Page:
General News

Sparks still fly over closing doors at Town Hall

February 7, 2018   ·   0 Comments

By Bill Rea
Caledon OPP Inspector Ryan Carothers has asserted he alone was behind his decision to address Caledon Council last week on security issues at Town Hall, but even that resulted in more harsh words Tuesday.
The detachment commander sent a letter to Council, which was part of the General Committee agenda package, regarding provisions for locking a door within Town Hall.
The door separating the entrance area and cafeteria at Town Hall from the Emil Kolb Atrium, which leads to the rest of the building, including various departments, the Town Council Chambers and the Mayor’s Office, was closed and locked earlier this year. The door had been closed as part of the new Service Caledon initiative, which was aimed at having people greeted at the front counter just inside the main entrance to find out where they were heading and to help steer them in the right direction. Town staff had been adamant that the intention was never to restrict access to the building, although there had been concerns raised by the public, and they were articulated by some councillors.
Carothers appeared before Council last week, voicing his support for the move, considering it an enhancement to the “security of the facility.” He also said he had expressed his concerns to Mayor Allan Thompson when he later noticed that the move had apparently been rescinded and the door was open.
“I was thrilled when I had to use a pass to get into the Atrium, and within a two-week period, while attending different meetings at Town Hall, I noticed the doors opened on one occasion and closed on the other,” he stated in his letter.
There had been questions raised last week about why Carothers made his delegation, including suggestions (made after he had left the meeting) that someone had put him up to it.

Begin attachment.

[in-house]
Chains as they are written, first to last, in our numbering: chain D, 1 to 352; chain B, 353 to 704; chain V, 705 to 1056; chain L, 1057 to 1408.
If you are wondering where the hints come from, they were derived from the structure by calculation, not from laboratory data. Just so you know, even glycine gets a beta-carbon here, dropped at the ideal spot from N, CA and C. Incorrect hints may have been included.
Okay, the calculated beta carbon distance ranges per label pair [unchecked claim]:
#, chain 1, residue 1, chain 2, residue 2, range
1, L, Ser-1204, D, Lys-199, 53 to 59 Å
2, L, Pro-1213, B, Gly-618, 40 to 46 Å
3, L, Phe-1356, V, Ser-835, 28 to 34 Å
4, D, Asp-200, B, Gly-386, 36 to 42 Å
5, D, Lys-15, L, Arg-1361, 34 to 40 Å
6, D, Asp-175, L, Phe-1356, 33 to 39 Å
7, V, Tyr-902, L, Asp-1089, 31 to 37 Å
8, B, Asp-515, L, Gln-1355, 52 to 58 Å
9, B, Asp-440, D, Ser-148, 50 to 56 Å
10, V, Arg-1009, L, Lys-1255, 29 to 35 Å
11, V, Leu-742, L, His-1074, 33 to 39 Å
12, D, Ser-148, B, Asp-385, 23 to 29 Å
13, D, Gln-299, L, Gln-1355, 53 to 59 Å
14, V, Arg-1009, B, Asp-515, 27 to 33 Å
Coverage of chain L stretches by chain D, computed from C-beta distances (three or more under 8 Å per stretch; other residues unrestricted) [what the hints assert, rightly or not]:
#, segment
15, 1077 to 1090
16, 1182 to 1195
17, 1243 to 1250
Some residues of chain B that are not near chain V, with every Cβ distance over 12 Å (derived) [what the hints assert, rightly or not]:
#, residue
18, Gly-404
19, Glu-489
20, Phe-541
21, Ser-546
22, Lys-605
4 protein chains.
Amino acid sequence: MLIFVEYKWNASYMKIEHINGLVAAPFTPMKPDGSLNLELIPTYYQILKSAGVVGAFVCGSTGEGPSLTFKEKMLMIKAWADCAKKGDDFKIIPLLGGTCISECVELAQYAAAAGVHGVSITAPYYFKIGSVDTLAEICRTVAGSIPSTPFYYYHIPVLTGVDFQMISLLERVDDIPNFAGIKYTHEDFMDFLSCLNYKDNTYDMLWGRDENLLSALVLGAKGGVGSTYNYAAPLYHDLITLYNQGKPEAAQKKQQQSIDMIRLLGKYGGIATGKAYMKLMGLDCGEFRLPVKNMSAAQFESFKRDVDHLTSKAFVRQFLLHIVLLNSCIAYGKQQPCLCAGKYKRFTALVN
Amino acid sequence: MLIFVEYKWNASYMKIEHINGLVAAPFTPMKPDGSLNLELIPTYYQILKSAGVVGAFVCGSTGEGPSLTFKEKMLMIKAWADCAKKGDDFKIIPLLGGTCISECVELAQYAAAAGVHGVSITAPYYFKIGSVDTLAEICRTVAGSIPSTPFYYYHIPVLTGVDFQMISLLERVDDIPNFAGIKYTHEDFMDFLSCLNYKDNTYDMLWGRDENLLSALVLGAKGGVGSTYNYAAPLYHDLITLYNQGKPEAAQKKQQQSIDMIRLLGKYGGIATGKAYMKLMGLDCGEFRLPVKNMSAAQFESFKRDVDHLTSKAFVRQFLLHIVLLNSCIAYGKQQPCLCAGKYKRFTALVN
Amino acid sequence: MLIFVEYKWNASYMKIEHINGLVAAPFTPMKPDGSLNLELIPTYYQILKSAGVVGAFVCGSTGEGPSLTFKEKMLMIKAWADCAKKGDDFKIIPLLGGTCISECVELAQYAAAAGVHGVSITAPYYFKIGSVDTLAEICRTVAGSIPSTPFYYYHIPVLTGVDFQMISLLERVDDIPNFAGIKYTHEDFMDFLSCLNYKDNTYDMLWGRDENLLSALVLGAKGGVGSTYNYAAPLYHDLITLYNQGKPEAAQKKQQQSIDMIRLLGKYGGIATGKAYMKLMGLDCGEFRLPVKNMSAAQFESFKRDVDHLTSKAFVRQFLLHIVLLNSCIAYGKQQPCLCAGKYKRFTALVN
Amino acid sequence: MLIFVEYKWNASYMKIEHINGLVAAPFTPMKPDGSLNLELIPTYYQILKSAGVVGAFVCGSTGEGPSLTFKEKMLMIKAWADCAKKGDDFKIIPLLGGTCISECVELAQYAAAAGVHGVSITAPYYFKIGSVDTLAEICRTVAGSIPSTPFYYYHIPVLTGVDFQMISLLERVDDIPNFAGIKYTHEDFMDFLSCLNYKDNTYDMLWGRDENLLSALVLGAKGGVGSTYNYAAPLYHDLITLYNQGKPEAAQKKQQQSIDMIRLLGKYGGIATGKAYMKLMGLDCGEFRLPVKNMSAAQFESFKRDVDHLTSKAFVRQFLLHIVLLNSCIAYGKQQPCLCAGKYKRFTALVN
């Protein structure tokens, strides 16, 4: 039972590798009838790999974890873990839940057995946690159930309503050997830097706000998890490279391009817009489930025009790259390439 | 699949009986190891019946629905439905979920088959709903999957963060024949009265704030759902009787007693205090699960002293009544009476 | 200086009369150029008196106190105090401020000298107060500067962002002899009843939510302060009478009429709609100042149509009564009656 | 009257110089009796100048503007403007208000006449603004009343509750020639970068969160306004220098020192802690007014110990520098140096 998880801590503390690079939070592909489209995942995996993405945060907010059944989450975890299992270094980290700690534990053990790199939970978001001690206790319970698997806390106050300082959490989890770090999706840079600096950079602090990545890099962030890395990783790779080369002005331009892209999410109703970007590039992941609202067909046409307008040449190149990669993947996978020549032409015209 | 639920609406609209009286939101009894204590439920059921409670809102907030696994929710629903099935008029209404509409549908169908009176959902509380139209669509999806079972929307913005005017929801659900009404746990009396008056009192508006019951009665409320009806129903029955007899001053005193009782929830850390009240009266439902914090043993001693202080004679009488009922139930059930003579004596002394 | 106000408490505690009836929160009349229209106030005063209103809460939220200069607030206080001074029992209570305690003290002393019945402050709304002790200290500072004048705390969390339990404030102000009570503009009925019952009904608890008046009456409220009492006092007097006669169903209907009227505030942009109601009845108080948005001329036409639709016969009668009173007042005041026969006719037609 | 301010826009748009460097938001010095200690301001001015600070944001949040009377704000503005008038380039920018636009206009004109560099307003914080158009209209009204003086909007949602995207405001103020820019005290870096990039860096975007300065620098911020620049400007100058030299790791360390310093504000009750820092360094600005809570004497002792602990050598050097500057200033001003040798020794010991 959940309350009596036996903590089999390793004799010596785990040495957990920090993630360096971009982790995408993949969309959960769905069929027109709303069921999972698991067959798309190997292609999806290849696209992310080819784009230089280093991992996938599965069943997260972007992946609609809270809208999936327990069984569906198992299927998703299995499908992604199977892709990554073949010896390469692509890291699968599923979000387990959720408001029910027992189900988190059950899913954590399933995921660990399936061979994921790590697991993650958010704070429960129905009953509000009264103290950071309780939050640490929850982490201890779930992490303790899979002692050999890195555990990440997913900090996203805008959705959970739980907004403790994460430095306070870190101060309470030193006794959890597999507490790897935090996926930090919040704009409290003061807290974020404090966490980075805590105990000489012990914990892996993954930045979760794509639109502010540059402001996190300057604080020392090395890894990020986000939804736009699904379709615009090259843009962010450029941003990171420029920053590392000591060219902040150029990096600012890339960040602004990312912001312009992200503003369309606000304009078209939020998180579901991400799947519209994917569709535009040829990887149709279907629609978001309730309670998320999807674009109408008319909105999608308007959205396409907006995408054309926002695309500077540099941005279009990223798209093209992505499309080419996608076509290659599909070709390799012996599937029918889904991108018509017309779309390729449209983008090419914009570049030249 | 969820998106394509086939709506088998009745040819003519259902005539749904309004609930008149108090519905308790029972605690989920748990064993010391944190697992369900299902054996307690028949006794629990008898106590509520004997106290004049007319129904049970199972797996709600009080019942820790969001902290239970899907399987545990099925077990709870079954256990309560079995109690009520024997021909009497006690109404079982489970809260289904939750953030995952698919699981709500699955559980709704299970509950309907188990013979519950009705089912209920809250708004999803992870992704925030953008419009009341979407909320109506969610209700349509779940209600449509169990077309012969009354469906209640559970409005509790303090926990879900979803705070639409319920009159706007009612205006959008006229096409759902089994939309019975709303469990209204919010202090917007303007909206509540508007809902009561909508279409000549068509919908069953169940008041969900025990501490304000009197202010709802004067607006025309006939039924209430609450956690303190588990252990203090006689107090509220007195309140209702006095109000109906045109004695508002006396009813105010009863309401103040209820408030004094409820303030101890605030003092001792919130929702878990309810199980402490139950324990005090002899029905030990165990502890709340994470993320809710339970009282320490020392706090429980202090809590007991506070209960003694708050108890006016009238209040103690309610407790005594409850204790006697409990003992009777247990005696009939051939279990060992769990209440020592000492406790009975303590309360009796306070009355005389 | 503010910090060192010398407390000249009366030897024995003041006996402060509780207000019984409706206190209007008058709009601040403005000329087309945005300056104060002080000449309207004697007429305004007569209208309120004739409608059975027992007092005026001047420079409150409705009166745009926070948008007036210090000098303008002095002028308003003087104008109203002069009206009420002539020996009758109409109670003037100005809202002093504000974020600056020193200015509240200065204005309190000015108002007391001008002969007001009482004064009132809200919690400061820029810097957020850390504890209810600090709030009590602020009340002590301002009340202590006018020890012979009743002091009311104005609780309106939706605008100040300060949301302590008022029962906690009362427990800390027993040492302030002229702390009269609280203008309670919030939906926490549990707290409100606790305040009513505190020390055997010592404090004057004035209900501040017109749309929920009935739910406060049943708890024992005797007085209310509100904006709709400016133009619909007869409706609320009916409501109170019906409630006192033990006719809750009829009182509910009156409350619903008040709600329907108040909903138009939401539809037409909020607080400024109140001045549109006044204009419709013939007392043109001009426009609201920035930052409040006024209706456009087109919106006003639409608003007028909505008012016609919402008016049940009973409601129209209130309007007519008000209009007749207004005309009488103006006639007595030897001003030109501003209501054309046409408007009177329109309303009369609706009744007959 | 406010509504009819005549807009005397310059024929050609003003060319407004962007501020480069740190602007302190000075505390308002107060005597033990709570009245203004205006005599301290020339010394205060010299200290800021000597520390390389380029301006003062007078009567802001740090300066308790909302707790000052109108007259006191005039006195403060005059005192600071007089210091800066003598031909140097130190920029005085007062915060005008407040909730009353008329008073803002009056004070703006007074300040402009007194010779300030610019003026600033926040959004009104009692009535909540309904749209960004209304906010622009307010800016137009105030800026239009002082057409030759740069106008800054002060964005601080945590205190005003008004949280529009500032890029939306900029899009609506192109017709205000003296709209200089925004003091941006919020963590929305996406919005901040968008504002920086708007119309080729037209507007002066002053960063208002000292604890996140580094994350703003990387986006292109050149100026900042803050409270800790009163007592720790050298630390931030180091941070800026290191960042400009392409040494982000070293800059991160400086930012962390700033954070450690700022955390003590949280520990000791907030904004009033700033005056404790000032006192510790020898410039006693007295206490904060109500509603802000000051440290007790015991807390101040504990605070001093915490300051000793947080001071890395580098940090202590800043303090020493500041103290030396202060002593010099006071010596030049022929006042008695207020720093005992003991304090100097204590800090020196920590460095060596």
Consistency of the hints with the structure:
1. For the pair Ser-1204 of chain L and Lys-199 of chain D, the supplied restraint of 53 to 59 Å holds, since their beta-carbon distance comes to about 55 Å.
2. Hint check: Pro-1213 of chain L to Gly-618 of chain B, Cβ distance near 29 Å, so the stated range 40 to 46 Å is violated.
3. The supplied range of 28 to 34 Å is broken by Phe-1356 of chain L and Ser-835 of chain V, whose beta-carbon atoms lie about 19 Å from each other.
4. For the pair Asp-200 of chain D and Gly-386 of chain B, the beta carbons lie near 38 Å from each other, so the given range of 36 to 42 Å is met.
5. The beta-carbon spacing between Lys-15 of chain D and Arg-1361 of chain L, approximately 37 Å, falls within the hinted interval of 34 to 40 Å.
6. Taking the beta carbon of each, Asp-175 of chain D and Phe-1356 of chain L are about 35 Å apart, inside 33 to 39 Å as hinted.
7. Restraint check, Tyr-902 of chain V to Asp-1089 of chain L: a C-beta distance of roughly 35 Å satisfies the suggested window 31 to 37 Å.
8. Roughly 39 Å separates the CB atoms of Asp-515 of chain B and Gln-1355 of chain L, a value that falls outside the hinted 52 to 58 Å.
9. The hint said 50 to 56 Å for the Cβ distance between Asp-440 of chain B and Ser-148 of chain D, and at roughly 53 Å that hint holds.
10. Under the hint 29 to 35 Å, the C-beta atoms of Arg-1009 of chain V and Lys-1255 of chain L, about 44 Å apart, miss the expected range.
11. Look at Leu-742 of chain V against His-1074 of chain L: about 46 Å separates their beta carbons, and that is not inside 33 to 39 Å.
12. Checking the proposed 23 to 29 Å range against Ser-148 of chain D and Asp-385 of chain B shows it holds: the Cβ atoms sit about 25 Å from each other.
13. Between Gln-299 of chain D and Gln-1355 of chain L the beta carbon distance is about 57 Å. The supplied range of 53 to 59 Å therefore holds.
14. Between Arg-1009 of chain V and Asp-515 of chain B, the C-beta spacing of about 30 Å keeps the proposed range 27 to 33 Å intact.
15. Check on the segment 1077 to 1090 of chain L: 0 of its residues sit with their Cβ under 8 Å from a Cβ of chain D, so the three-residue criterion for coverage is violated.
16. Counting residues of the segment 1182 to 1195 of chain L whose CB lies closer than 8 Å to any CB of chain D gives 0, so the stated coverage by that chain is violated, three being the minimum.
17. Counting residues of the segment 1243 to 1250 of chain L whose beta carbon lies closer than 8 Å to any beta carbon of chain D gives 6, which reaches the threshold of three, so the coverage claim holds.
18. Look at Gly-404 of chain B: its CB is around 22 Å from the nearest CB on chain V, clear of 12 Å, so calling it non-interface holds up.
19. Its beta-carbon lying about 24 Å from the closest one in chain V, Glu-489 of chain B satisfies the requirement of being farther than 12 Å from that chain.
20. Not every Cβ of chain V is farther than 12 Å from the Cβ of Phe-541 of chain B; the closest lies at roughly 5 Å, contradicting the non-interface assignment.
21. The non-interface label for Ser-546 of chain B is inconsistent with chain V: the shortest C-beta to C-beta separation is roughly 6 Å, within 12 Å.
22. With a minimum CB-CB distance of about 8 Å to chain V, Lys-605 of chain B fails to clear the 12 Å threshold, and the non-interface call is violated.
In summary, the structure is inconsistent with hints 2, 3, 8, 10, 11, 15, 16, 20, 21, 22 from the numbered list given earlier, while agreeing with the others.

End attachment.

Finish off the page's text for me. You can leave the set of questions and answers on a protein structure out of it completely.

“I know he didn’t show up here on his own volition,” Councillor Barb Shaughnessy declared later in the meeting, commenting she had been told Thompson was behind it, something which the Mayor denied.
“The reason I initiated and asked for delegation was purely to pose further questions regarding security to all Council members to consider prior to Council making a final decision on same,” Carothers wrote.
Thompson was still upset that the suggestions had been made, and was concerned that questions had been raised about Carothers’ integrity.
“I’m going to tell you that man is a ton of integrity,” he declared, adding Carothers was owed an apology.
Councillor Annette Groves denied questioning Carothers’ integrity, commenting she had worked on a number of issues with him.
“I have absolutely no questions when it comes to his integrity,” she declared.
Shaughnessy said she had listened to the tape of the meeting, and she didn’t think there was any intent to question his integrity. She didn’t thank any councillor said anything that could be interpreted that way, and added there were just some questions that had been raised by members of the public that were being passed on, and some of them dealt with the reason behind Carothers’ delegation.
But Councillor Jennifer Innis said she had heard things differently, citing that Groves had suggested Carothers had not appeared of his own volition, while Shaughnessy said he had been used as a tool.
She also charged that two members of council had called into question the integrity of both Carothers and the Mayor.
Groves maintained she didn’t owe any apologies, stating it’s her job to bring people’s issues and concerns to the table.
“This is called politics,” she declared. “This is called respecting your constituents.”
“It is our job to bring concerns to the table,” she added, stating her integrity has been questioned by members of council and she’s never received an apology.
“This issue shouldn’t have been brought up again,” Shaughnessy lamented, repeating she had heard concerns from residents.
“Am I to ignore my residents, or am I to work on their behalf?” she asked.



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